The Appalachians are a migration pathway and breeding habitat for migratory birds and many wide-ranging iconic mammals such as black bear, bobcat, fisher and moose. As the climate changes, scientists expect more bird and wildlife species will also have to adapt, moving northward into the Appalachians. With biodiversity at risk, there’s an urgent need to establish these types of connected wildlife corridors around the world.

A person wearing protective clothes and a helmet monitors a burning landscape.
Prescribed Burn A member of a fire crew in Alabama ignites a longleaf pine stand with a drip torch. © Claire Everett/TNC

The Return of Fire

In addition to targeted land acquisition, TNC and conservation partners on Flagg Mountain are focused on another key to saving the longleaf forests: prescribed fire. Scientists now understand that this an ecosystem that needs to burn on a regular basis.

For centuries, low-intensity fires, usually sparked by lightning, were a vital part of the longleaf forest growth cycle. These fires would clear out the understory and allow sunlight to penetrate to help the longleaf saplings to grow and thrive. But as the South was developed, and the United States adopted an approach of fire suppression in forests nationwide, the health of fire-dependent systems like the longleaf suffered—as did many native plants and animals that evolved in this fire adapted ecosystem.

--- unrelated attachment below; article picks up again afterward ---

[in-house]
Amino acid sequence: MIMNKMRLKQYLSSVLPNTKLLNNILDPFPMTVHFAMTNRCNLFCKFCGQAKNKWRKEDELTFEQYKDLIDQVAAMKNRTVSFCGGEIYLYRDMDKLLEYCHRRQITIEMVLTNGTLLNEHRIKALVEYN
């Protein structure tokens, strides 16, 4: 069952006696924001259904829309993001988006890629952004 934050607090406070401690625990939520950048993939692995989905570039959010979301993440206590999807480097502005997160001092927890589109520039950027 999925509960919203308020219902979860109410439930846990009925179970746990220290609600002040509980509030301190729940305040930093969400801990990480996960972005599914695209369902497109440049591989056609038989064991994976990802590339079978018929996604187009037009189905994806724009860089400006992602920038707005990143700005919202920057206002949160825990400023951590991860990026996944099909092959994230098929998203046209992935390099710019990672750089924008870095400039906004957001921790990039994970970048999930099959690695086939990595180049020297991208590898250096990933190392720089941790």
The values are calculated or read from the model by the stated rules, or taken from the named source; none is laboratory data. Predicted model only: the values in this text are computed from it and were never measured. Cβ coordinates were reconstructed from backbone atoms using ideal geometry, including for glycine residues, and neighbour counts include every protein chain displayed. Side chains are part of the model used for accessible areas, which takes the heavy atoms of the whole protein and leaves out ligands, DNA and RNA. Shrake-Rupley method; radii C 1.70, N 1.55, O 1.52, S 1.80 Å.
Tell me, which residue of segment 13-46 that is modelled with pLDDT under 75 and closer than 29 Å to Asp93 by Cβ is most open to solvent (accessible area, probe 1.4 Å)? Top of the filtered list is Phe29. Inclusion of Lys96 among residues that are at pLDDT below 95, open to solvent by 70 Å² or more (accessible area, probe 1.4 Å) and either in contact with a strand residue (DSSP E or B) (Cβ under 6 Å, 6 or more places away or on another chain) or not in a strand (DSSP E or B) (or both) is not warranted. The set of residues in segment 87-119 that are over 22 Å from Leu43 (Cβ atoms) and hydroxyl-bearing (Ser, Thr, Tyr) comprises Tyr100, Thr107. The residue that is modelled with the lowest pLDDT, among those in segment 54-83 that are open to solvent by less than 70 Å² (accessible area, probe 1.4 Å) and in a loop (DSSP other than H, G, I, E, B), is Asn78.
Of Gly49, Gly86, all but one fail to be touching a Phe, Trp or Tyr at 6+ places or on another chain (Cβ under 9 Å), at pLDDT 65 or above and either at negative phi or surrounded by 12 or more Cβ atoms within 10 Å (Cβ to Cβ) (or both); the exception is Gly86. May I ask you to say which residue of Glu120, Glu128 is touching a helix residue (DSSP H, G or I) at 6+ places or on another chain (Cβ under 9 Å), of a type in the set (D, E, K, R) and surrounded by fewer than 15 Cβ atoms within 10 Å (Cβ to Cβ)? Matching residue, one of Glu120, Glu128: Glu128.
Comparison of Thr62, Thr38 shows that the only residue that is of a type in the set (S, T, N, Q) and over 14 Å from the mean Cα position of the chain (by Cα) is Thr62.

In 2019, TNC began working in partnership with Alabama Forever Wild Land Trust to bring fire back to Flagg Mountain. Carefully managed, prescribed burns in select areas reduced the decayed layer of organic materials on the forest floor and removed the understory hardwoods, improving the growth of young longleaf pines while also reducing the risk of larger, catastrophic, high intensity burns that could wipe out the old growth trees. 

The Fenvkvcēkv Creek Preserve at Flagg Mountain allows TNC to continue working with public and private partners to implement prescribed burns and manage the forest in a way that benefits the longleaf pines. The ultimate goal? Protect the ancient trees, nurture new growth and ensure these habitats become more resilient to climate change, and in turn, provide a greater sink to sequester more carbon. 

For TNC, conservation success at Flagg Mountain depends on the active involvement of people and partners whose lives and livelihoods are linked to the natural systems we seek to conserve.